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Hazards and risks in island ecosystems

I could hardly imagine the devastation wrought by super typhoon Yolanda in various parts of the country, particularly in the Eastern Visayas region.

Media reports, and video footages and photos posted in social networking sites in the Internet are very depressing. The images showed the mighty force of nature in creating destruction and suffering. In less than 24 hours last Friday, August 8, typhoon “Yolanda” with international codename Haiyan, made an unprecedented six landfalls in different islands of the Philippines.

Strong and gusty winds, heavy rains, and very high storm surges characterize the typhoon Friday. It was considered as one of the worst storms ever recorded on Earth. The death count is now in thousands, and relief, rescue and recovery operations are still very far from over.

Tacloban City in Leyte seems to be badly and tremendously affected beyond imagination, with about 10,000 persons feared dead.

This recent disaster was not new since the Philippines has been encountering numerous calamities in recent years. Residents of Bohol and Cebu islands are still recovering from the onslaught of last month’s earthquake of magnitude 7.2 when the tragedy last Friday occurred. Would it be the last?

It is quite unfortunate and horrifying to say, but experts already made warning that the incidence of damaging natural hazards and risks is the new normal of our times. The main contributing factor is the deterioration of the natural coping mechanisms of our ecosystems in absorbing and withstanding the changing environment of our planet.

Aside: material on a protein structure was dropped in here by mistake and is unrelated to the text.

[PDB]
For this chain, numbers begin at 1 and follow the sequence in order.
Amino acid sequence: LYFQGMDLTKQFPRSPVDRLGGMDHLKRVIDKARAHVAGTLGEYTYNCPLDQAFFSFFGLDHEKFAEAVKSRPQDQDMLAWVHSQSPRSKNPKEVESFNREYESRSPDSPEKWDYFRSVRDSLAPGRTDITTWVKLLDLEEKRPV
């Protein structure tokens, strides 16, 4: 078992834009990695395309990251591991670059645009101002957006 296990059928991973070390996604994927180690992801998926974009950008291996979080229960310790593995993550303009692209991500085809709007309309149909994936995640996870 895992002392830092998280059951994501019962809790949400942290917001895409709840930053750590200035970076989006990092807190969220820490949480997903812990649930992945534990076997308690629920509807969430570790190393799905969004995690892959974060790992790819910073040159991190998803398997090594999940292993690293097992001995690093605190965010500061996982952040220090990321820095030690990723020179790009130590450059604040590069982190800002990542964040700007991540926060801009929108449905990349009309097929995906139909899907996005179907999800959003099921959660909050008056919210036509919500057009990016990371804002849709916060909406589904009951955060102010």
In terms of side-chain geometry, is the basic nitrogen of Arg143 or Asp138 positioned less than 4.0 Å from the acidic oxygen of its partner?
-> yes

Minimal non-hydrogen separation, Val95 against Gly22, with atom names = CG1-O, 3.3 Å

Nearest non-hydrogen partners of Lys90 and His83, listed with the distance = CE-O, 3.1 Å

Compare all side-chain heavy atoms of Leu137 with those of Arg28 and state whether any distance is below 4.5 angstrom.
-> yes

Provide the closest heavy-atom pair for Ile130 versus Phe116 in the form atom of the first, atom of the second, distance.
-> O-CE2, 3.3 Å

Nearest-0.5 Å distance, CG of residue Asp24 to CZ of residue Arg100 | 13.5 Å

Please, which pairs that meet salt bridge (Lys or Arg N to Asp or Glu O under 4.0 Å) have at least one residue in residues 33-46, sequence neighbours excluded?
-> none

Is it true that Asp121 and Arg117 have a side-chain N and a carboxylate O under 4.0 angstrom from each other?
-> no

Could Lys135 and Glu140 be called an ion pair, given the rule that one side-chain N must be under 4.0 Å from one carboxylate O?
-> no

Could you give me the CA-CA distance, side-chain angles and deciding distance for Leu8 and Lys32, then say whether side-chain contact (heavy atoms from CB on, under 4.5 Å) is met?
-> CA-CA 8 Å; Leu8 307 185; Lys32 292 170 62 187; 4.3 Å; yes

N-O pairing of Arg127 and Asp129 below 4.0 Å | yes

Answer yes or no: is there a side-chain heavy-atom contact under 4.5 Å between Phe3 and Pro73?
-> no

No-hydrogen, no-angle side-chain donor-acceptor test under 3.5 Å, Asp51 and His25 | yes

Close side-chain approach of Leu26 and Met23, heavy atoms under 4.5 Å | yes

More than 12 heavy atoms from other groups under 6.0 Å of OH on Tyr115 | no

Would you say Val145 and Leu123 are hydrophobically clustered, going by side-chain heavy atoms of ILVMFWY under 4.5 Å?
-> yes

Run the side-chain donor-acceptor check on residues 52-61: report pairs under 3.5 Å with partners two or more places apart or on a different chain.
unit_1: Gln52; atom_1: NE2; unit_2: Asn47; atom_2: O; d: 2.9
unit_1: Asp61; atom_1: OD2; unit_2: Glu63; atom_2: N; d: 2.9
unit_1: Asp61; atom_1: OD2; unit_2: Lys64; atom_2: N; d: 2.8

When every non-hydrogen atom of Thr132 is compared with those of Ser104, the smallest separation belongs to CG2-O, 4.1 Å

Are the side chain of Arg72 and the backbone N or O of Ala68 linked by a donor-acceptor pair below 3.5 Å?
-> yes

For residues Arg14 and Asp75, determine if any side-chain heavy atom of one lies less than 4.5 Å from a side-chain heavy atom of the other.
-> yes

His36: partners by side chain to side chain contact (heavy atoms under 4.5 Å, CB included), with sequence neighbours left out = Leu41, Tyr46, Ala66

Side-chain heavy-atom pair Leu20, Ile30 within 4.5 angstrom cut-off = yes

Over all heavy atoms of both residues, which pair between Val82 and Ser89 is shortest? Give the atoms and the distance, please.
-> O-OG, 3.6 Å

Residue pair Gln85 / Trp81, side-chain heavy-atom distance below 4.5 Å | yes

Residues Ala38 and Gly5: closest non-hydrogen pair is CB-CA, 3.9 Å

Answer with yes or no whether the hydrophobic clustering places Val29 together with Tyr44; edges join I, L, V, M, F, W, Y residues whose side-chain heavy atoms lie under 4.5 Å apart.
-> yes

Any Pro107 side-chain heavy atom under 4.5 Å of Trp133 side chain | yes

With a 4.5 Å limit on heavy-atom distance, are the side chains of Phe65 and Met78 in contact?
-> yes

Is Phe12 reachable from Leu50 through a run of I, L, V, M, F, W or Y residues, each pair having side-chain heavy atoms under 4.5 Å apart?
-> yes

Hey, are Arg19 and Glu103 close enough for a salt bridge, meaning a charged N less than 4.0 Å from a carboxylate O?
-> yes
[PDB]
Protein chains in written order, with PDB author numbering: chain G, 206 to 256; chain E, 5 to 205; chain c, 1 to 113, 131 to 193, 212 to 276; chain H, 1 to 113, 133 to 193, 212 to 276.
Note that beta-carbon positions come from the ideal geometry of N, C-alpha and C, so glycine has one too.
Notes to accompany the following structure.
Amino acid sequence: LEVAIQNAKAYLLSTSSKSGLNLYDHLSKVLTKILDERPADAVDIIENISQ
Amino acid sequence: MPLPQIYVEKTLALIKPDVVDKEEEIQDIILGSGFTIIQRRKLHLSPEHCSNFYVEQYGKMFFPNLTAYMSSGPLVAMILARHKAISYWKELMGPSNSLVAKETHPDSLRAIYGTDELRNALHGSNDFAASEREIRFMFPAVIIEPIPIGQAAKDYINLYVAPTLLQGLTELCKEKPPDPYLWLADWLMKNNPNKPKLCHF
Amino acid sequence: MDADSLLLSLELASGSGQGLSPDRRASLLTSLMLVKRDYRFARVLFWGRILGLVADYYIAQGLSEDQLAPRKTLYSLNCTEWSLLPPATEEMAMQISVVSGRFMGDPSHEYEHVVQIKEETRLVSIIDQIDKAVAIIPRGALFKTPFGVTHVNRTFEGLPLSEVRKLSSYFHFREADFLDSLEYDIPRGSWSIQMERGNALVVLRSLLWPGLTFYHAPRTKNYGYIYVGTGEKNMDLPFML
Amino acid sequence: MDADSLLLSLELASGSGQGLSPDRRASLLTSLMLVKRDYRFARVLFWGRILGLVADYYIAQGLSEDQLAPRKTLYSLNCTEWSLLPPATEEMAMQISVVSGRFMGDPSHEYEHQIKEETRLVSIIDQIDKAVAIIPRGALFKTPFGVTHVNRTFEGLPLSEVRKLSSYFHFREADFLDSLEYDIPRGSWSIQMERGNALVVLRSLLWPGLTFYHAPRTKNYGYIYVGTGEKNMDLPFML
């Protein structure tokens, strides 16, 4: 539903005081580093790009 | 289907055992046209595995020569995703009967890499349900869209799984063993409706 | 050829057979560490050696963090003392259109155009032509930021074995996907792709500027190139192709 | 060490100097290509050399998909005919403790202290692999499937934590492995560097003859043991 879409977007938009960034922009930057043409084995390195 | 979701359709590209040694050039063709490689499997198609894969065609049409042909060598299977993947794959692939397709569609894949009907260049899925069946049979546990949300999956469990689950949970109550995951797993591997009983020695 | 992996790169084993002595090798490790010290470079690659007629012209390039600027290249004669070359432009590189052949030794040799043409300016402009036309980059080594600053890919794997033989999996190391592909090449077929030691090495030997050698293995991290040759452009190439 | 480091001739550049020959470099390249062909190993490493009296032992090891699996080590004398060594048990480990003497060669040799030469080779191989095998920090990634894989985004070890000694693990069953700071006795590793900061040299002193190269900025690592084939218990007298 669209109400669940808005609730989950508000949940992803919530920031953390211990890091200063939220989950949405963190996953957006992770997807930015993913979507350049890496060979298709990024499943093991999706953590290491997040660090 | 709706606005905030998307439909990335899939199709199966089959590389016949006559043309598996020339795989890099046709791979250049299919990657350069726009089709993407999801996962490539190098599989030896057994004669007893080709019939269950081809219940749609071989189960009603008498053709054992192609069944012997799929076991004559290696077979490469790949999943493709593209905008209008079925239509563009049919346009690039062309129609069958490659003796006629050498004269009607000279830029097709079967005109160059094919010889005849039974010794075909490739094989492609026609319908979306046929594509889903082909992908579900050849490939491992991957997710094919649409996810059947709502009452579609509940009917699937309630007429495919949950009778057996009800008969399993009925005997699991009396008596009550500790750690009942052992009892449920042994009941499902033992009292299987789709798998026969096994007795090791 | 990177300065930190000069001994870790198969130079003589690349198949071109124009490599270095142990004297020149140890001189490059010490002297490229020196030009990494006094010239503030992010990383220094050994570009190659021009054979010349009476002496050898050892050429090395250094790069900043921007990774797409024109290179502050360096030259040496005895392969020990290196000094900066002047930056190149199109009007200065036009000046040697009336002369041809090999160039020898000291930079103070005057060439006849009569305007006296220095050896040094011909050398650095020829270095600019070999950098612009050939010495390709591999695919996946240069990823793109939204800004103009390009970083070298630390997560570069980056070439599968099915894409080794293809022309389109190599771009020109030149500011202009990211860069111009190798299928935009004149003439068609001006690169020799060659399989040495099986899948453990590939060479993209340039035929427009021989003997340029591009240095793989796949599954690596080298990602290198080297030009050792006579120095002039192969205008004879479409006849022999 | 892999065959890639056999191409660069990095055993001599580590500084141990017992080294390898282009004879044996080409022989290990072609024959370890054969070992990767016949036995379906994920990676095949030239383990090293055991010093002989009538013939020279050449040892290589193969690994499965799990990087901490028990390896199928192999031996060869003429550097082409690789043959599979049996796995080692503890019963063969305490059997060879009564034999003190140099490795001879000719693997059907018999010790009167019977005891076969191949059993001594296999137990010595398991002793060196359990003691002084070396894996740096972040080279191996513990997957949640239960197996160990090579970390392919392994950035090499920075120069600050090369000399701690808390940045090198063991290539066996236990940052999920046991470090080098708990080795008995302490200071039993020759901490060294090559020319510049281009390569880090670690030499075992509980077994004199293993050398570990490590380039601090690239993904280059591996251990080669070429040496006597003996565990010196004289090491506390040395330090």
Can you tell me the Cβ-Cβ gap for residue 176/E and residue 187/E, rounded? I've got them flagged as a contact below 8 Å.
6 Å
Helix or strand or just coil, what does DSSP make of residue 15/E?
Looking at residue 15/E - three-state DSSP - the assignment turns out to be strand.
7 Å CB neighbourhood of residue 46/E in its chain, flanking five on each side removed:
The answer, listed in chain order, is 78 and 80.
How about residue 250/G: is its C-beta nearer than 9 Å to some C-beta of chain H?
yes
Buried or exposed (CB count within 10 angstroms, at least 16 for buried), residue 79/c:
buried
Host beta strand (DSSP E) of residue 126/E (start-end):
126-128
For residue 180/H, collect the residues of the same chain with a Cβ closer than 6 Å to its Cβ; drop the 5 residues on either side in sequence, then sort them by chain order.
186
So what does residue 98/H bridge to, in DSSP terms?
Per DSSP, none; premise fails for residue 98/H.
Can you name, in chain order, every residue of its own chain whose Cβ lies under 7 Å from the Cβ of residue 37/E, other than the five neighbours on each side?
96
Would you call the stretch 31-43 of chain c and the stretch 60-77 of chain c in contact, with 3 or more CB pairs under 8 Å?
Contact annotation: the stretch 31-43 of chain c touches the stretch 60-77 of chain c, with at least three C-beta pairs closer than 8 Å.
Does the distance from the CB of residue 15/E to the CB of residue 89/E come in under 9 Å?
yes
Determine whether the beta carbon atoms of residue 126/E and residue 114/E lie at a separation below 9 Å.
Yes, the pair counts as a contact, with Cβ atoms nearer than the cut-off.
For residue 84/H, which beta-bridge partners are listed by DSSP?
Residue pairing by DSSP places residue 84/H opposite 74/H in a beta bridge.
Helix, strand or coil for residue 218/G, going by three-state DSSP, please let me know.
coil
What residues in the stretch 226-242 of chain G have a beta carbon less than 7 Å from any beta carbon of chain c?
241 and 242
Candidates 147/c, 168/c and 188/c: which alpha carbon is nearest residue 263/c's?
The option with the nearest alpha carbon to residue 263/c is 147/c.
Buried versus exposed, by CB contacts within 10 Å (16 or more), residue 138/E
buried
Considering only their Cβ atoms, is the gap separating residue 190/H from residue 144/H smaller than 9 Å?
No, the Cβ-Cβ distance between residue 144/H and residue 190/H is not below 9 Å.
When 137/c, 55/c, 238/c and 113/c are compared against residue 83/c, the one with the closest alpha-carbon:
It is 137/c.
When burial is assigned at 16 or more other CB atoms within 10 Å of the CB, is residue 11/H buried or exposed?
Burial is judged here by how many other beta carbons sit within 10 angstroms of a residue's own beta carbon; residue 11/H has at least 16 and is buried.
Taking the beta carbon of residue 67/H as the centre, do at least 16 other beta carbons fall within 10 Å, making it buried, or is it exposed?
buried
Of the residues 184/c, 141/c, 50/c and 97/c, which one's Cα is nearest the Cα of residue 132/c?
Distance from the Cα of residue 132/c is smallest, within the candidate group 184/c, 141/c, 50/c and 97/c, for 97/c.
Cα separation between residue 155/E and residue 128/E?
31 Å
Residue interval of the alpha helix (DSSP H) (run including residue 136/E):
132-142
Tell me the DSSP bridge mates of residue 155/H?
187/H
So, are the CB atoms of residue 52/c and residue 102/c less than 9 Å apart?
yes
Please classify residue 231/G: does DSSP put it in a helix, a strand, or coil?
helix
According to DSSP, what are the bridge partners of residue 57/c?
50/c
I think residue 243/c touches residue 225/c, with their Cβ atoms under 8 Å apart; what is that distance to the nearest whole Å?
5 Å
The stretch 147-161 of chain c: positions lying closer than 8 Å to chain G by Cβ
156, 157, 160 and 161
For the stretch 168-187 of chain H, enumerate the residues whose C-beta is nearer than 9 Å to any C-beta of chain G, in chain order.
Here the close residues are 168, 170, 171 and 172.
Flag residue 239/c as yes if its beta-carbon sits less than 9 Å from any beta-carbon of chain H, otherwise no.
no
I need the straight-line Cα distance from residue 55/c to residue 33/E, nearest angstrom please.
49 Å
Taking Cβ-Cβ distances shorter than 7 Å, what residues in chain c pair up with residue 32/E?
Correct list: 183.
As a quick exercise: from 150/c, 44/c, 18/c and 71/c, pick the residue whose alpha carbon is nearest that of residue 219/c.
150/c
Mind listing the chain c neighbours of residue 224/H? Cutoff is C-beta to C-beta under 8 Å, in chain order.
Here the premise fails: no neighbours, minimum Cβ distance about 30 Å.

Our geographical location puts us in one of the most hazardous portions of the Earth. The Philippines is situated in an area where tropical cyclones are most active, and this is in the western rim of the Pacific Ocean. The feature of the country, that is composed of numerous island ecosystems, makes many of our areas open to coast and vulnerable to wind, rain, tsunami and storm surges.

In addition, the landmass of the Philippines is basically mountainous in nature, with steep slopes that are highly towering in lowlands and coastal areas. This condition further aggravates the risk of flooding and landslides. Our country also lies in the so-called Ring of Fire, which makes us even more susceptible to frequent earthquakes and volcanic eruptions. The Center for Research on the Epidemiology of Disasters has consistently ranked the Philippines in the top five most disaster-hit countries of the world.

While disaster preparedness is a very important thing that we should all embrace, it is equally relevant to ensure the planning and implementing actual measures in mitigating the likely impacts of natural hazards and risks.

The government has already initiated hazard mapping, and those sites identified as high risks should be free from settlement. Usually, these are coastal and landslide-prone areas. Most of our coastal zones have been wiped out with mangrove forests that are supposedly our natural barriers from the impacts of strong winds, tsunami, rising seawater and even storm surges.

Similarly, sites considered as susceptible to landslides should be rehabilitated. The Philippines is so notorious when it comes to deforestation. Most of our timberlands are now heavily denuded and a large track of which has already been converted into other land uses. Some structures are also creating barriers in the natural flow of our waterways and even bodies of waters, like lakes, have been subjected to reclamation.

Basically, the alteration and modification of our natural environment has only added the hazards we are facing in our lives.*

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